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The Law in Spain - How and why to register with your town hall

Officially, every person who lives in Spain for more than 180 days per year is required by law to register on the ‘Padron’, which is the official list of everybody who lives in a certain town. The Empadronamiento, also known as the Padrón Municipal de Habitantes, is a municipal register or census record, similar to an electoral roll.

The Town Hall holds this list, and it is a way for them to know how many people live within their area of jurisdiction. The information provided during ‘Empadronarse’ – the act of registering – is confidential and protected by data protection laws.

Registering with your Local Town Hall | Empadronamiento Costa del Sol hero image

So what are the benefits of registering?

Well, more people means more funding for better public services. Spain’s central government will allocate money to its various autonomous communities depending upon how many people are listed on the ‘Padron’. If you are absent, then that’s slightly less funds for health centres, police officers, street cleaners etc…

"The Empadronamiento, also known as the Padrón Municipal de Habitantes, is a municipal register or census record, similar to an electoral roll." 

If you are listed on the ‘Padron’ then you are eligible for access to certain income-related benefits and other aspects of social care available at your Town Hall, including discounted courses (such as language courses) and culture/leisure activities.

You can only vote as a resident, too. Local and European elections receive masses of attention in Spain, and you don’t want to be mute when the polling booths roll around. In addition, day-to-day life is generally more favourable for residents, too – your Residence Permit is your official proof of address, and is excellent when carrying out pretty much any administrative task in Spain.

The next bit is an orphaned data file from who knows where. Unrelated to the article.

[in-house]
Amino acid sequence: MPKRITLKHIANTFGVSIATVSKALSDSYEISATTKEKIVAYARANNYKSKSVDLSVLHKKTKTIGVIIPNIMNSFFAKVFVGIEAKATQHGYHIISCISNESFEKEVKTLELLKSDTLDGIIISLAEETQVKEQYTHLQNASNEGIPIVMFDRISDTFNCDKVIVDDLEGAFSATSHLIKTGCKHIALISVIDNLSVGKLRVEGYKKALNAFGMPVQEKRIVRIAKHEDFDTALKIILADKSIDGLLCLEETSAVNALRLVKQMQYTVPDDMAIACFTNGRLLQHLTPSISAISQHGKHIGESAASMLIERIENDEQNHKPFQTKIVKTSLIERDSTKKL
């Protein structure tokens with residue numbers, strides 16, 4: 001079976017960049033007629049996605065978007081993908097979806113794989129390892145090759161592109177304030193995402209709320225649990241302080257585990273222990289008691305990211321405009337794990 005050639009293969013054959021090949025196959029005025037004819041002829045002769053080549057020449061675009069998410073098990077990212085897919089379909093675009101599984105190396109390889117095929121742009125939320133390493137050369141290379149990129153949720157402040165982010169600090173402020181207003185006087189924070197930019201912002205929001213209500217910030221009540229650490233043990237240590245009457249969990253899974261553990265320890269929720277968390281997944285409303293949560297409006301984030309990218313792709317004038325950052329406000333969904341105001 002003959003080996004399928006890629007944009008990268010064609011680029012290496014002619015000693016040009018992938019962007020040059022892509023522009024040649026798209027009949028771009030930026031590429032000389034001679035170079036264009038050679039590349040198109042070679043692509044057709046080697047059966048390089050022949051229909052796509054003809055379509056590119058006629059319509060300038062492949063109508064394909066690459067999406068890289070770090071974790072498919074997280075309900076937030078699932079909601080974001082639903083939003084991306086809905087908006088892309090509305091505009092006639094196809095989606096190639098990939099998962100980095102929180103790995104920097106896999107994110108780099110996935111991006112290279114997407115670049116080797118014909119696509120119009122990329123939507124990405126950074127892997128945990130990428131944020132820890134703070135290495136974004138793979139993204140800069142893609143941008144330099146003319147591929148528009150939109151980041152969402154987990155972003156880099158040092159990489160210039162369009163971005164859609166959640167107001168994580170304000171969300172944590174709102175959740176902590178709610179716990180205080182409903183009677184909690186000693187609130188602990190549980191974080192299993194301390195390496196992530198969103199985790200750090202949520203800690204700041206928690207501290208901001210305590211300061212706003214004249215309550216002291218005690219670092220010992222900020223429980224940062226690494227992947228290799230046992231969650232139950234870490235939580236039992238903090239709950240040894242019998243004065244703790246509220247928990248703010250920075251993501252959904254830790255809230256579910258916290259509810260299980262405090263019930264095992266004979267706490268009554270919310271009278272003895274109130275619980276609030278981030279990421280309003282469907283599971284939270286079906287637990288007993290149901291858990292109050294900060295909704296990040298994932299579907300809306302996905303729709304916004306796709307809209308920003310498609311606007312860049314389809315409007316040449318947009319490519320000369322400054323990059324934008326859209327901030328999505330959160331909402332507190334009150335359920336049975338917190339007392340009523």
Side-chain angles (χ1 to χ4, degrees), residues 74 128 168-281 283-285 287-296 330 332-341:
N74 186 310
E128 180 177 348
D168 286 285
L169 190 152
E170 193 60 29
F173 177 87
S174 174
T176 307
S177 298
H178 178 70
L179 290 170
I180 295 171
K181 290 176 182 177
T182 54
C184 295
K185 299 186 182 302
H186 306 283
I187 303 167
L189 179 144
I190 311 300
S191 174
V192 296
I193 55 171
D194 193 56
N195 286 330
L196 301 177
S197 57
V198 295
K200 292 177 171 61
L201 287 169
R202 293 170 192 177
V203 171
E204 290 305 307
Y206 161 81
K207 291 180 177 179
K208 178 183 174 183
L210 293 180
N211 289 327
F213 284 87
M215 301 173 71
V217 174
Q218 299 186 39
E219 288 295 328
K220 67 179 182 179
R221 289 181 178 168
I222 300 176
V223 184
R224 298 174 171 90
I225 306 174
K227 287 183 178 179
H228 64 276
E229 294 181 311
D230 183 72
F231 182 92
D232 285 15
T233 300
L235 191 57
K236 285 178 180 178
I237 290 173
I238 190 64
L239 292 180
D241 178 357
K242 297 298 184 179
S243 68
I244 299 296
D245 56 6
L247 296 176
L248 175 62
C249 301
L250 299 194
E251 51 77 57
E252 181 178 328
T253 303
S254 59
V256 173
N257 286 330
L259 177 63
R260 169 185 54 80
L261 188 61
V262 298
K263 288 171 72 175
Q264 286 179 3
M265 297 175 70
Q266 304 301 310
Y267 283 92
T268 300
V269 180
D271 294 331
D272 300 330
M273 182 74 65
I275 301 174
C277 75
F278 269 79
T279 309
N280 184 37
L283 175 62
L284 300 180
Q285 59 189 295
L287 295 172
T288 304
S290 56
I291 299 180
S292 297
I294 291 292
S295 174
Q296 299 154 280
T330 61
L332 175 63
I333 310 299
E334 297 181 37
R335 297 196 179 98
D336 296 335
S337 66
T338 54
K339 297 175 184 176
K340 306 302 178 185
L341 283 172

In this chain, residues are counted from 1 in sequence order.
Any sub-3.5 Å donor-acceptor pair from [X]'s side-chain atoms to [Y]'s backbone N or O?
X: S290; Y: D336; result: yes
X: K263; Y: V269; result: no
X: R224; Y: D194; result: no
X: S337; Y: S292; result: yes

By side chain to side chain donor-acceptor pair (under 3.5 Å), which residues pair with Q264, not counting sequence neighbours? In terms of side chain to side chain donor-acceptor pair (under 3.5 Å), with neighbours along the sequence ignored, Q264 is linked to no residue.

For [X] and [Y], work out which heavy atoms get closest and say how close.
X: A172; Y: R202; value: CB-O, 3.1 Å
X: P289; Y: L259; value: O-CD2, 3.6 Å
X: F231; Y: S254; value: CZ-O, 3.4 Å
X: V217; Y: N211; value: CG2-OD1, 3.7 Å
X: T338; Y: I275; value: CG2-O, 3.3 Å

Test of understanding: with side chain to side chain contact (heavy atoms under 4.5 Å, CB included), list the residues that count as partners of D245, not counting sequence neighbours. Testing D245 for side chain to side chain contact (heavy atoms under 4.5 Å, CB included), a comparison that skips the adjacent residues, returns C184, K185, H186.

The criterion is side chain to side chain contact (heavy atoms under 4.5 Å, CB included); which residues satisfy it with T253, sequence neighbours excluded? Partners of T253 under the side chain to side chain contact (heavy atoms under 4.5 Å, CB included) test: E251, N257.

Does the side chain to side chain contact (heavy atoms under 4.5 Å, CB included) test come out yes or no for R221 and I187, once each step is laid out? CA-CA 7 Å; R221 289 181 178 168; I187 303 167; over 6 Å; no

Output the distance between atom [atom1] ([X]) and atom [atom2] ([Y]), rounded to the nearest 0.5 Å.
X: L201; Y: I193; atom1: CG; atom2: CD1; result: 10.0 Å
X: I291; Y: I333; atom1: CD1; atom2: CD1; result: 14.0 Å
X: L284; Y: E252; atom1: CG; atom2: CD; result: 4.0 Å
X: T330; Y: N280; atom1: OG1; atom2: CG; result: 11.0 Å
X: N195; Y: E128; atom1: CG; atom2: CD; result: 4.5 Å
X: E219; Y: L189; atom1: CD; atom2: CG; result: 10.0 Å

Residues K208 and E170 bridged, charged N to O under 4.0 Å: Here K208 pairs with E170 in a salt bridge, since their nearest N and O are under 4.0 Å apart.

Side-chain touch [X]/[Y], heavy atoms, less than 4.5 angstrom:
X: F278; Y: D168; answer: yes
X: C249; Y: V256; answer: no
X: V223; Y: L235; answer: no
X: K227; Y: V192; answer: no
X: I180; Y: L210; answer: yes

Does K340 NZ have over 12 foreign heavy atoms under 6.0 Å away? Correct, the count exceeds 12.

The Certificado de Empadronamiento may also be required to achieve the following:

  • Buy or sell a car
  • Register a child in school
  • Apply for residency (Residencia)
  • Get married
  • Apply for a local health insurance card

Documents you will need when registering

You will need:

  1. Original passport and photocopy/NIE or Certificate of Registration with the National Police Foreign Office and photocopy
  2. Proof of ownership of property (either your title deeds or a rates receipt in your name and a photocopy)
  3. If you do not own a property and are renting, your rental contract in Spanish and photocopy will suffice
  4. If you do not own a property and you are not renting, you have to come with the owner of the dwelling in order for them to sign the registration form, authorising you to register at their property
  5. All family members over the age of 18 have to sign the registration form

Renewal of the Empadronamiento

Non-EU nationals who do not hold a permanent residence visa must renew their registration every two years. European citizens living as permanent residents of Spain should renew registration every five years, as must Spanish nationals who are resident in Spain.

By journalist, editor and former Costa del Sol resident, Ian Clover.


Please note: Every effort was made to check the accuracy of the information contained within our 'legal stuff' articles at the time of writing, but may well have been superseded over time. VIVA cannot accept responsibility for any errors or omissions, nor for the authenticity of any claims or statements made by third parties. We therefore strongly recommend that readers of these articles make their own thorough checks before entering into any kind of transaction. Prices were correct at the time of publication but may now vary due to circumstances beyond our control. The views and opinions of editorial contributors do not necessarily reflect those of VIVA .


 

 

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